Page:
Shaking Up Mobile Marketing: 3 New Strategies to Know

Mobile marketing is a must, but too often brands miss the mark. These new strategies could improve engagement...

Throughout 2015, we (and others) told brands two things many times:

  1. Mobile marketing is a must for reaching young consumers
  2. Most mobile marketing today is not getting their attention

Most Millennial and teens actively ignore mobile marketing that unfortunately has not kept up with their behavior or preferences. Banner-like ads follow them on mobile games, and content created specifically for social platforms is still few and far between. This year, it’s clear that the mobile marketing landscape needs to change, and new tools, strategies, and services are being used to improve engagement. Here are three of the latest tactics to improve your mobile marketing game: 

1. Going Haptic

They may be staring at a screen, but according to Marketing Magazine, mobile marketing should appeal to all senses. Lately, more brands have been playing with phones’ vibration abilities to create haptic ads that can potentially surprise and engage viewers far more than a static image. According to haptic tech innovator Immersion, “Haptic effects (also known as touch or tactile feedback) are produced by actuators, such as motors, which are built into devices to create vibrations. These actuators are combined with Immersion software to create haptic sensations, like the feel of a button “click” when you press a virtual button. In October, Stoli used haptic effects in a mobile campaign to make Millennial viewers feel they were having a cocktail made right in their hand. While watching a 20-second animated video, consumers’ smartphones vibrate when a woman shakes a cocktail, and at other amusing moments. In December, French carmaker Peuguot became the first brand in the UK to put haptic…

 
 

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The Newsfeed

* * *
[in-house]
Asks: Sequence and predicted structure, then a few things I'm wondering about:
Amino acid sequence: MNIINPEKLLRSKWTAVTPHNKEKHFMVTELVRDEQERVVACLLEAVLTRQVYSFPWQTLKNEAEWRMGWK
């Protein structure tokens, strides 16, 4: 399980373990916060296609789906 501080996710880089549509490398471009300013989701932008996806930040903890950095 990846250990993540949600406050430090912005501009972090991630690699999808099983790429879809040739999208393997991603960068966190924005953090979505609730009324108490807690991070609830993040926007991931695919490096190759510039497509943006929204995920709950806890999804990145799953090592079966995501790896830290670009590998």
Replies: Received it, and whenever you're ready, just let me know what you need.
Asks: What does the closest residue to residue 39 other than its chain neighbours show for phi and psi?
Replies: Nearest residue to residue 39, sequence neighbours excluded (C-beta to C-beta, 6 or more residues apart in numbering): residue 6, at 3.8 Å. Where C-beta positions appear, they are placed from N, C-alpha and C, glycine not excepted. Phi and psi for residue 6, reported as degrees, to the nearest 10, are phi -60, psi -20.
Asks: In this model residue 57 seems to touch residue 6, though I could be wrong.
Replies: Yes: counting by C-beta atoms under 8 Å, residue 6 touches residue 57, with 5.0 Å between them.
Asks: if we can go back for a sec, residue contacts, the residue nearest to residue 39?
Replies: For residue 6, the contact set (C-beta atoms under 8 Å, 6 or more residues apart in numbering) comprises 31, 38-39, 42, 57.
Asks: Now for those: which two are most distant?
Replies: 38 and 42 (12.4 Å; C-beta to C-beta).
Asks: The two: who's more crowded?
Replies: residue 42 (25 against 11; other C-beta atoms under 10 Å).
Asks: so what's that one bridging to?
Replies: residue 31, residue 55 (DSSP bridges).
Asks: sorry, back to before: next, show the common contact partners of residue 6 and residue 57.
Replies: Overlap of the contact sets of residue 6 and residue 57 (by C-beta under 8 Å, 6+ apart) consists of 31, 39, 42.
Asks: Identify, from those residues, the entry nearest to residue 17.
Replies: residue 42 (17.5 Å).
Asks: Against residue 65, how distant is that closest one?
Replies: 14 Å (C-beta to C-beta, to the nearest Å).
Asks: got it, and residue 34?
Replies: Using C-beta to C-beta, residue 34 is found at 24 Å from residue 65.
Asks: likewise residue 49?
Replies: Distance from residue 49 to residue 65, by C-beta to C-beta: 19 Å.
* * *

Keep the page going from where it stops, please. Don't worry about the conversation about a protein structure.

Quote of the Day:  Millennials have grown up in a world where consuming wine outdoors—or any location outside of the traditional table—is more acceptable than generations past.”—Kate McManus, VP of Marketing, Delicato Family Wines (Wine Spectator)

Young consumers are “killing the shopping spree.” Whether they’re signing up for the growing number of clothing subscription services (Rent the Runway, Le Tote, Urban Outfitters, etc.), shopping second-hand, or just culling their closets—young shoppers are quitting fast fashion in droves. Some are inspired by Marie Kondo’s joy-sparking brand of minimalism, while others want to help the environment—and still others are just seeking a wide range of things to wear at a lower price. (Vice)

Airbnb is launching “adventures” for experience-seeking young travelers. The site that started with accommodations and moved into one-off “experiences” (like dinner parties) now offers multi-day excursions, complete with guides, gear, meals, and accommodations. The platform already features over 200 trips in 40 countries, including a tiger-tracking expedition in Kenya and a trek through the canyons of Oman. (Fast Company)

Tyson Foods is taking on the fake meat market with plant-based nuggets. The pea protein nuggets are the first in a line of “Raised & Rooted” products from Tyson Foods. The brand's CEO explains they’re catering to the “growing number of people open to flexible diets that include both meat and plant-based protein”—aka young flexitarians, not full-time vegans. But can a company known for its meat sell the idea that “this [trend] is about ‘and’—not ‘or’”? (The Verge)

Snapchatters can shop Levi’s new Pride Month jacket via selfie filter. The Shoppable feature is first enabled by scanning a QR code found at select stores or by getting a special Snapcode from a friend. Then, users can try on the special-edition trucker jacket via augmented reality, customizing it with one of two washes and a selection of six pins and patches. Once they complete the look, users can purchase the Pride Month Jacket—without ever leaving the app. (SJ)

Amazon’s new Echo Dot Kids Edition revamps the original. The new smart speakertakes many cues from the adult version’s second generation (it’s louder and rounder) but adds special features just for kids that go beyond a rainbow-striped color scheme. The device will come with a year of FreeTime Unlimited, a subscription service that includes popular Alexa skills like Pinkfong’s Baby Shark Adventures, as well as an enhanced parental control suite to address growing privacy concerns. (VarietyCNET)

Quote of the Day: “Young people still have an incredible interest in the Olympic Games…But the way they are consuming the Olympic Games—the type of content they are watching and the ways and the platforms on which they are watching—are fundamentally changing.”—Kit McConnell, Sports Director, International Olympic Committee (Bloomberg)

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